Constraints on good child-care practices and nutritional status in urban Dar-es-Salaam, Tanzania.Food Nutr Bull. 2006 Sep; 27(3):236-44.FN
Care is increasingly being recognized as a crucial input to child health and nutrition, along with food security, availability of health services, and a healthy environment. Although significant gains have been made in the fight against malnutrition in Tanzania, the nutritional status of preschool children in urban areas is not improving.
To assess child-care practices and the nutritional status of infants and young children with the aim of improvingfeeding practices and child nutritional status.
A cross-sectional study was undertaken in urban Dar-es-Salaam, Tanzania. The study involved 100 randomly selected mothers of children 6 to 24 months old from households in Ilala Municipality, one of the three municipalities that constitute the Dar-es-Salaam City Council. Data were collected by a structured questionnaire, spot-check observations, and anthropometric measurements.
The prevalence rates of stunting, underweight, wasting, and morbidity were 43%, 22%, 3%, and 80%, respectively. The prevalence of exclusive breastfeeding was very low (9%), and most stunted children (88%) were not exclusively breastfed for the first 6 months. The mean age at which complementary foods and fluids were introduced was 3.26 +/- 1.12 months (range, 1 to 5 months). The fluids given were mainly water and thin cereal-based porridge. More than half of the households practiced good hygiene. Most of the psychosocial practices (e.g., caregiver's attention, affection, and involvement in child feeding, hygiene, health care, and training) were performed by mothers, except for cooking and feeding the children and child training, which were done mostly by alternative caregivers. Nearly half of the mothers (44%) worked out of the home. The mean number of working hours per day was long (10.32 +/- 2.13), necessitating the use of alternative caregivers. A negative correlation was found between height-for-age z-scores and the number of hours mothers worked outside the home.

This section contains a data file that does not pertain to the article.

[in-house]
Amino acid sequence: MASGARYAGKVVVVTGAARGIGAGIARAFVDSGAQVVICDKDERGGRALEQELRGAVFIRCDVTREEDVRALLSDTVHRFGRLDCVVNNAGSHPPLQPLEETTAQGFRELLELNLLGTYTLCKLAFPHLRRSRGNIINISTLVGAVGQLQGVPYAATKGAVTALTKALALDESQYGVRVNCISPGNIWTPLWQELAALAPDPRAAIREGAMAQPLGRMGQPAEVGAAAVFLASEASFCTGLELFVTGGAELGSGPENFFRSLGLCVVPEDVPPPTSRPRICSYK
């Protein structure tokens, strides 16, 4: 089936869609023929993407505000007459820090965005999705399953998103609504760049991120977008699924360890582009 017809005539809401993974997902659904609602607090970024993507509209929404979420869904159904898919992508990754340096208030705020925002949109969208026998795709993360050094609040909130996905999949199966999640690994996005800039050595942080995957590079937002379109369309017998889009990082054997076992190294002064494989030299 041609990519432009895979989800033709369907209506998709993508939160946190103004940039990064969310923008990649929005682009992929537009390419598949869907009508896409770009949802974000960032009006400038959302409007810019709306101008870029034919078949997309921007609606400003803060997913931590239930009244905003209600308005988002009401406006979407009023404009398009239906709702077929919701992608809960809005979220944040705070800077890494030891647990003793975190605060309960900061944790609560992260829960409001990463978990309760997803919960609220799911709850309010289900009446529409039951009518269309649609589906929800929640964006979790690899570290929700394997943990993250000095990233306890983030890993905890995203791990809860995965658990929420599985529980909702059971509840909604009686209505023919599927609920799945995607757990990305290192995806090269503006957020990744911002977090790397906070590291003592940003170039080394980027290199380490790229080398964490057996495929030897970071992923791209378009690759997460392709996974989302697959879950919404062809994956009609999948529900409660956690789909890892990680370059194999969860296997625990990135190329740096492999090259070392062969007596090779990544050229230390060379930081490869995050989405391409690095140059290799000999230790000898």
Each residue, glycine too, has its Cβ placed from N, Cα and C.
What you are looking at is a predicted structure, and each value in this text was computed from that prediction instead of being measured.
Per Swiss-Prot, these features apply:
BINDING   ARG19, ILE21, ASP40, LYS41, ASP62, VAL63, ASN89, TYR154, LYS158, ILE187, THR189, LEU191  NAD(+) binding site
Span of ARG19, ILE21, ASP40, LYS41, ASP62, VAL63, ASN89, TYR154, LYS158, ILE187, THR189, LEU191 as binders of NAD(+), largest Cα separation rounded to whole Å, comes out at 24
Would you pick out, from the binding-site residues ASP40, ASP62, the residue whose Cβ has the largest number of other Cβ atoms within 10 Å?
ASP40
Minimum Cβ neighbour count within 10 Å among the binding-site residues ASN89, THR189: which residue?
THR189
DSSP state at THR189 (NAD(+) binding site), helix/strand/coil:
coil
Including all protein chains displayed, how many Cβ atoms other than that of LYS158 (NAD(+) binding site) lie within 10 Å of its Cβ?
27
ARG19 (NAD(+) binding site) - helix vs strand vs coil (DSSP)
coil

The prevalence rates of chronic malnutrition and morbidity are high, and child-feeding practices are inadequate in this urban population. Maternal employment and educational characteristics constrain good child-care practices, and alternative caregivers are taking a more important role in child care as mothers join the work force. We recommend that formative research be conducted to study the actual practices of caregivers in order to form the basis for a child-care education program. There is also a need to strengthen national health system support for improved child feeding.